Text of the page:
Posted by Peter Carpenter, a resident of Atherton: Lindenwood
on Jul 21, 2014 at 5:16 pm

Peter Carpenter is a registered user.

" that doesn't solve the problem of parking for employees"

Parking for employees is handled by the existing permit program - which could easily be expanded to meet the demand if a parking structure were built.


Posted by MOE, a resident of Menlo Park: Central Menlo Park
on Jul 21, 2014 at 5:44 pm

An underground parking structure - costly as it may be - could ease the problem of employee parking. It could also provide an exciting landscaped open space serving many public activities. Yes, excessive ticketing is not an incentive to come to MP and maybe some 3 hr zones may ease some of the problem but whining about tickets for parking over the line??? If you're too lazy to park correctly you deserve the ticket. If you're too stupid to understand what the lines are for, or you just don't care to give others a fair chance to find a space, then a few tickets may just be the lesson you need.


Posted by Downtowner, a resident of Menlo Park: Central Menlo Park
14 hours ago

Can anyone give an example of an underground parking structure which ". .could also provide an exciting landscaped open space serving many public activities" described above by Moe? Maybe build a parking garage under Burgess Park?
San Mateo's main library has underground parking, for patrons only. I'm not sure where the Burlingame parking garage is, Jim, except under City Hall & limited to CH visitors. San Mateo has plenty of elevated parking which isn't very attractive. Draegers SM has its own u'ground parking just as Draegers MP has its own lot @ Menlo & University (which it bought to provide more parking for its customers when they added a 2nd story. Part of that deal required Draegers to pay to move the apartment bldg on that property to east Menlo so no net rental housing would be lost.) Mtn View has a multi-story garage near on Bryant, built at the same time that area was being redeveloped.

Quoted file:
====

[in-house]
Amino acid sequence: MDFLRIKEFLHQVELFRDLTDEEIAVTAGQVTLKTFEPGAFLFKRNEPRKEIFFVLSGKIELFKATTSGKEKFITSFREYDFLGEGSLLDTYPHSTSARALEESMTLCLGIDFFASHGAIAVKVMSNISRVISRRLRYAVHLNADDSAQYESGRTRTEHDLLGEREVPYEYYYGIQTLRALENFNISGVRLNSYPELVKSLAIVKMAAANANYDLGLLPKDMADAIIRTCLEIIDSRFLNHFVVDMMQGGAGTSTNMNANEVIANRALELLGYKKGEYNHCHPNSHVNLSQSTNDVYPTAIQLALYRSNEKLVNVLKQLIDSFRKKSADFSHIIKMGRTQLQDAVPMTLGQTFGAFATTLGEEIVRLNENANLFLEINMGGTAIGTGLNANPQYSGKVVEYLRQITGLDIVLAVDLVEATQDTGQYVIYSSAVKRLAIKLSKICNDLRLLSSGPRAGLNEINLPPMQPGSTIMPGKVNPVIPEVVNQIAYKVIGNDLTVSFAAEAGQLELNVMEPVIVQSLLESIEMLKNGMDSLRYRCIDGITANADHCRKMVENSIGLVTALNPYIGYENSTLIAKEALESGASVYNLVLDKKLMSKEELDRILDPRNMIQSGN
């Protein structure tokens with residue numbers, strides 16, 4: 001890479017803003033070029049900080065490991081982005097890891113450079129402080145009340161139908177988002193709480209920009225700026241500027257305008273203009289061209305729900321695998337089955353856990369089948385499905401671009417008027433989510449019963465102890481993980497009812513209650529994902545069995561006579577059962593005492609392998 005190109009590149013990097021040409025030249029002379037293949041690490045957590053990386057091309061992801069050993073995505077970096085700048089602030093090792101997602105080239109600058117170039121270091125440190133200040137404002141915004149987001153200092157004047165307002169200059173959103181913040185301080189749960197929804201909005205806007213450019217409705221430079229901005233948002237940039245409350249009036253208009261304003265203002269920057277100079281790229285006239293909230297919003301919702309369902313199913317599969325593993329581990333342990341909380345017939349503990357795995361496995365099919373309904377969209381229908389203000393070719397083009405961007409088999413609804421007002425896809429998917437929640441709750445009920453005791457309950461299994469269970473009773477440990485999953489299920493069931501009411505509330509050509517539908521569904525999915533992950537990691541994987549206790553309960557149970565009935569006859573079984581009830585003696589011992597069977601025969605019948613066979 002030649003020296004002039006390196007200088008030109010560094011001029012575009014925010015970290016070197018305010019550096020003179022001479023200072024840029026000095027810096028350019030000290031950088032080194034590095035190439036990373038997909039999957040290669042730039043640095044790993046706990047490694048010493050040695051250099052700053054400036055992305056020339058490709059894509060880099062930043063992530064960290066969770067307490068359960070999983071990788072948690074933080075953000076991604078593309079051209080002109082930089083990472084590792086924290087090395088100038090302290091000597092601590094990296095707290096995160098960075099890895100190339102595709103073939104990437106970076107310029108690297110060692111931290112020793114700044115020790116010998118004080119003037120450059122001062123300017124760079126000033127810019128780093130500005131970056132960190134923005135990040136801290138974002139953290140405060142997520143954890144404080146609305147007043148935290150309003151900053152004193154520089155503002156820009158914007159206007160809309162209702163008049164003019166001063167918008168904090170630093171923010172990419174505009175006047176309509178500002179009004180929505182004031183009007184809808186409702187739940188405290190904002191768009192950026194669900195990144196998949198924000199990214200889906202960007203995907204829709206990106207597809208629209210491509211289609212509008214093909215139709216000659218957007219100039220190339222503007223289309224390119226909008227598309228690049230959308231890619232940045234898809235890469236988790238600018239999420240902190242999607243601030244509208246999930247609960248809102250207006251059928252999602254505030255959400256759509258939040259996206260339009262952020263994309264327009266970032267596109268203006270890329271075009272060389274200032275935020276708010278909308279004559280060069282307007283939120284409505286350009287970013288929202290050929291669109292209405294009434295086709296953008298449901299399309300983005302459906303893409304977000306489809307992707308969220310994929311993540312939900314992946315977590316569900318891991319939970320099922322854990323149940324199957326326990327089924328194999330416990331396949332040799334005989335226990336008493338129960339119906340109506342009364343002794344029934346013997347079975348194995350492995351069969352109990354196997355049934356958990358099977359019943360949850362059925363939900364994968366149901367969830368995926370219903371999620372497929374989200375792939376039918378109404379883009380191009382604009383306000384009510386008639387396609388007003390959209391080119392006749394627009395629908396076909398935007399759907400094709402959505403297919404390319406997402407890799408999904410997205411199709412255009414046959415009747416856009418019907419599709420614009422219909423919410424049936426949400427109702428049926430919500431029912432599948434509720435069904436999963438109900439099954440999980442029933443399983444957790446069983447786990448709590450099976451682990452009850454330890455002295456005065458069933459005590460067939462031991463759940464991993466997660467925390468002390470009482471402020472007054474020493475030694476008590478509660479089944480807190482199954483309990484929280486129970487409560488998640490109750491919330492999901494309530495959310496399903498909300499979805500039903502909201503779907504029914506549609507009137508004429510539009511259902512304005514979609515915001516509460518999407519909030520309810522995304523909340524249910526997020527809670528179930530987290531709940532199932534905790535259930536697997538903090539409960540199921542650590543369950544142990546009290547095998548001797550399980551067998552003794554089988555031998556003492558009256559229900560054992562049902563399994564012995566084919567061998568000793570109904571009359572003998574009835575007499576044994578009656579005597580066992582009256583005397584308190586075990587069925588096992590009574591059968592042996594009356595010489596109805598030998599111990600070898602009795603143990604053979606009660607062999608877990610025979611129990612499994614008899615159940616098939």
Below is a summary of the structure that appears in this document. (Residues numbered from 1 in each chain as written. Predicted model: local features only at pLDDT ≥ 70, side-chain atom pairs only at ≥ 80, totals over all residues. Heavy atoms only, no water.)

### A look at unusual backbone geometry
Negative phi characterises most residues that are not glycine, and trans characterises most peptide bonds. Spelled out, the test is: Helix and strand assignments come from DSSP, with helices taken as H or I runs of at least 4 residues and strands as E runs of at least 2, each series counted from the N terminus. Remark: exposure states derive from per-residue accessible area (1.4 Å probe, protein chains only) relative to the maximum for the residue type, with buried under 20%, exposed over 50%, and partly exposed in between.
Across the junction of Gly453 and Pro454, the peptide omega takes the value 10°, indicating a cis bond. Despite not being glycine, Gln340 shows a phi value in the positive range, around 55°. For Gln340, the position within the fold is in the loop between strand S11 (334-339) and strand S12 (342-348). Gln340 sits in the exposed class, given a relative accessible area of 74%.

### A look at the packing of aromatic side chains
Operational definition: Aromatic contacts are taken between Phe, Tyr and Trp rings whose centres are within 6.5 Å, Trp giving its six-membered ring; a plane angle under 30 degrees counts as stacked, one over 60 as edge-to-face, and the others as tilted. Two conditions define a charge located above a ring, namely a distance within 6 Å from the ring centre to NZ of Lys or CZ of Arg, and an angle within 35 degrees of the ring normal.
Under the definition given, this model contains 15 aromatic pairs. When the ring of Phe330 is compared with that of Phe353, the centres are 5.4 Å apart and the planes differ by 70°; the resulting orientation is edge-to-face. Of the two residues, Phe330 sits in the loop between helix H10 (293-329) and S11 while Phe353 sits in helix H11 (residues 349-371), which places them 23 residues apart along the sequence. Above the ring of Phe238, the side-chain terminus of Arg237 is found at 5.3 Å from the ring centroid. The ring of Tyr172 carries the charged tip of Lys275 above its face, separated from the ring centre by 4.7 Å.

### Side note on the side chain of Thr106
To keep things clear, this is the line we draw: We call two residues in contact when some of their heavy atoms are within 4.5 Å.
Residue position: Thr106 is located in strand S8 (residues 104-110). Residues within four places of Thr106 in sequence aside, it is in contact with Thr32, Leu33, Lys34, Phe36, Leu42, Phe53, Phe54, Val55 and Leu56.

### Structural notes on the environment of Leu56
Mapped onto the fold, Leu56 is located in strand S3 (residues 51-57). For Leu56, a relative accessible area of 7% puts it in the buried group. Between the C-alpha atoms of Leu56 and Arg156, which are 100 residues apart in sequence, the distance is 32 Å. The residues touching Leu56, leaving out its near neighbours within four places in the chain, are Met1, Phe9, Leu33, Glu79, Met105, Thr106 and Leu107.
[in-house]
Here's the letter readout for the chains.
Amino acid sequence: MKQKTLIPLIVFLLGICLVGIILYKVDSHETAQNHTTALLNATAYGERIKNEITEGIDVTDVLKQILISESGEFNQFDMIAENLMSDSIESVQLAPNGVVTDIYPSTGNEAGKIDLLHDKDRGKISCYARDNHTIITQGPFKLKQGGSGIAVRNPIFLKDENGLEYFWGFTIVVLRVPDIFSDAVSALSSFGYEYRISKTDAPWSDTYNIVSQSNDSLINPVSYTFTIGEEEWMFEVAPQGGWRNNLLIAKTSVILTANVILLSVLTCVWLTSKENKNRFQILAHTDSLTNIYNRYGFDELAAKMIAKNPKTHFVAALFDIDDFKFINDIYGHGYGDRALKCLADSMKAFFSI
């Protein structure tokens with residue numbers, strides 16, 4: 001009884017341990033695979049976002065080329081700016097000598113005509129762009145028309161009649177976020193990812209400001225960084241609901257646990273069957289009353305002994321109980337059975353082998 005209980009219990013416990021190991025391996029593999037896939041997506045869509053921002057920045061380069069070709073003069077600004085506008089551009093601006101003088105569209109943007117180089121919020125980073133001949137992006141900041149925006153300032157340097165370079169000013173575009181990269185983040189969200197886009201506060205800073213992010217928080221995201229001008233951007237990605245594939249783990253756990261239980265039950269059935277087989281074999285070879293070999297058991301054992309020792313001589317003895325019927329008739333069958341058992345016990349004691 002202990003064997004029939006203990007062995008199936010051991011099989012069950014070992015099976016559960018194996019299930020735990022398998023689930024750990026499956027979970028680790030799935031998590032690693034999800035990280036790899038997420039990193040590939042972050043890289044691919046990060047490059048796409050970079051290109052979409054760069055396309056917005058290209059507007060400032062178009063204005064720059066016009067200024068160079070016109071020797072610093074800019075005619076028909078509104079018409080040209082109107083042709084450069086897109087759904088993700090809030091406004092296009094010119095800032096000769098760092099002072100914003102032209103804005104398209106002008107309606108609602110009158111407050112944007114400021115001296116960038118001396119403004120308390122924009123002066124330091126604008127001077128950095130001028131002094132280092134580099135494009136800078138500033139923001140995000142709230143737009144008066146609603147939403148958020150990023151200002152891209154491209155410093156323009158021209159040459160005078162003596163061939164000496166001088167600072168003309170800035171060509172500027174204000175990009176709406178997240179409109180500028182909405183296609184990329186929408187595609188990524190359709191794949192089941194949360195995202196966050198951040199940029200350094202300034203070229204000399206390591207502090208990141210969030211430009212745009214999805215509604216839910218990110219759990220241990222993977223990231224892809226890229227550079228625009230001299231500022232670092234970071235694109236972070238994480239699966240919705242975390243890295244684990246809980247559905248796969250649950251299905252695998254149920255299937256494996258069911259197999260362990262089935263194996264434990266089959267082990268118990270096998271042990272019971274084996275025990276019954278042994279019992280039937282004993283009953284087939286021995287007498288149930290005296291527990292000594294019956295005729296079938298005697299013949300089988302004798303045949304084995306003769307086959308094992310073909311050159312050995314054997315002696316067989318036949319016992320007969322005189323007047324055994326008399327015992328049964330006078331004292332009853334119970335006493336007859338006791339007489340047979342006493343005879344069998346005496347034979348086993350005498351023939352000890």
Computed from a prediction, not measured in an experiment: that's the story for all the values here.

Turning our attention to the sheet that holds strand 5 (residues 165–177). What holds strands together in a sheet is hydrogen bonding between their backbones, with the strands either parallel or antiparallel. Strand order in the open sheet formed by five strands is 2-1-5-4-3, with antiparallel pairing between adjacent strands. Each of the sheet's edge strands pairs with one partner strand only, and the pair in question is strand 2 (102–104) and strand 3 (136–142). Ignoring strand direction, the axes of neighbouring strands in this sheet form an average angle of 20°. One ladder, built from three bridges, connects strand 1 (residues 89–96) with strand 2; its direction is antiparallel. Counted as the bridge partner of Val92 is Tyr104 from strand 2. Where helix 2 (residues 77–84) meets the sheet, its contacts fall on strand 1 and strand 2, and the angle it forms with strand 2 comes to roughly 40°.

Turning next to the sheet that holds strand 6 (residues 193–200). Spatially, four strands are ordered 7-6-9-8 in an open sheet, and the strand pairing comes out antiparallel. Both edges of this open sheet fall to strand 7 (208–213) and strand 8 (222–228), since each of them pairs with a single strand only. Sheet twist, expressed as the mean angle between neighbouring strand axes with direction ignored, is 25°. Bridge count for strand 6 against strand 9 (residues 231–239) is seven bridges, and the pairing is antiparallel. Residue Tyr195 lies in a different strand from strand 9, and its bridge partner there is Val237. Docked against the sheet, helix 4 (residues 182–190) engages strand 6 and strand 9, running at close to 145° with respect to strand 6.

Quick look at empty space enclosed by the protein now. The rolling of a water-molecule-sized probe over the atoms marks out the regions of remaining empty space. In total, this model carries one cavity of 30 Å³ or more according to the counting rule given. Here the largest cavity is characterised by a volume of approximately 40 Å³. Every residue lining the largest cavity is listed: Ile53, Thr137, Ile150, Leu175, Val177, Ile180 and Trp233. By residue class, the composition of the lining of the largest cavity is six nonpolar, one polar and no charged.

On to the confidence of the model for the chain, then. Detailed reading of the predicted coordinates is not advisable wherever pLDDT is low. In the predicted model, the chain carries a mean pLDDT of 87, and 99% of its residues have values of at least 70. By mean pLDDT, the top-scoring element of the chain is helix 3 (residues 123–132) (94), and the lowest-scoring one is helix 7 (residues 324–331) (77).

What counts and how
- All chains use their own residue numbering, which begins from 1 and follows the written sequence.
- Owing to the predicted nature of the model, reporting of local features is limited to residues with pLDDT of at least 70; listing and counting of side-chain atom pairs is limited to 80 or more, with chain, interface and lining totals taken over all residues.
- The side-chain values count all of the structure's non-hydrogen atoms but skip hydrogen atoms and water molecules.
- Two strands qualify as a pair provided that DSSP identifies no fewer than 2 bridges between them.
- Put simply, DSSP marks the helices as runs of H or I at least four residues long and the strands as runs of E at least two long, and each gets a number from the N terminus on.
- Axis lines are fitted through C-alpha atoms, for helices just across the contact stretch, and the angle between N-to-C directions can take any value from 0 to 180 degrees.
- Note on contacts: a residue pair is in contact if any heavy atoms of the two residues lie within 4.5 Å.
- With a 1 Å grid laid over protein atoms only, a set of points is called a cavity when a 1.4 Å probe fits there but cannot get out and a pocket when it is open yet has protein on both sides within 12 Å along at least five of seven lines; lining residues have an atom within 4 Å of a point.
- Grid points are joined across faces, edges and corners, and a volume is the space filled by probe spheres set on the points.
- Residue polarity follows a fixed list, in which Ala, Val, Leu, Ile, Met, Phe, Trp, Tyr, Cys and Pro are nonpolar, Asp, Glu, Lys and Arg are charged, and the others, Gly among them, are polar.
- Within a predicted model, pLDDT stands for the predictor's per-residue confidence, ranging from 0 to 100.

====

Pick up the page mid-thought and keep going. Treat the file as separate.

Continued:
Maybe build parking under Fremont Park? The public structures in both downtown PA & Calif Ave aren't attractive at all except for the one on Ramona, between University & Hamilton. Advocates of parking structures, please give us examples of nice looking ones which "provide exciting open space."


Posted by Peter Carpenter, a resident of Atherton: Lindenwood
14 hours ago

Peter Carpenter is a registered user.

"Can anyone give an example of an underground parking structure which ". .could also provide an exciting landscaped open space serving many public activities" described above by Moe? "

Please read ALL of the above posts - I gave the real life example of Brooklyn's plans to build an automated parking garage underneath a public park. Willoughby Square Park is scheduled to open in 2016, built upon 700 parking spaces that will be hidden from eyesight and 'reduce the amount of exhaust pollution associated with idling in traditional parking garages.'


Posted by Downtowner, a resident of Menlo Park: Central Menlo Park
13 hours ago

Thanks anyway, Peter. I was hoping for something more local, perhaps even on the Peninsula, as an example of something attractive & feasible for the budget of a small town such as MP. Perhaps we have a smaller income pool from which to draw.

And yes, I did read the previous posts. I remain unconvinced that $50-90k per space in construction cost is within budget for either the resident taxpayers or the small businesses which claim to be struggling.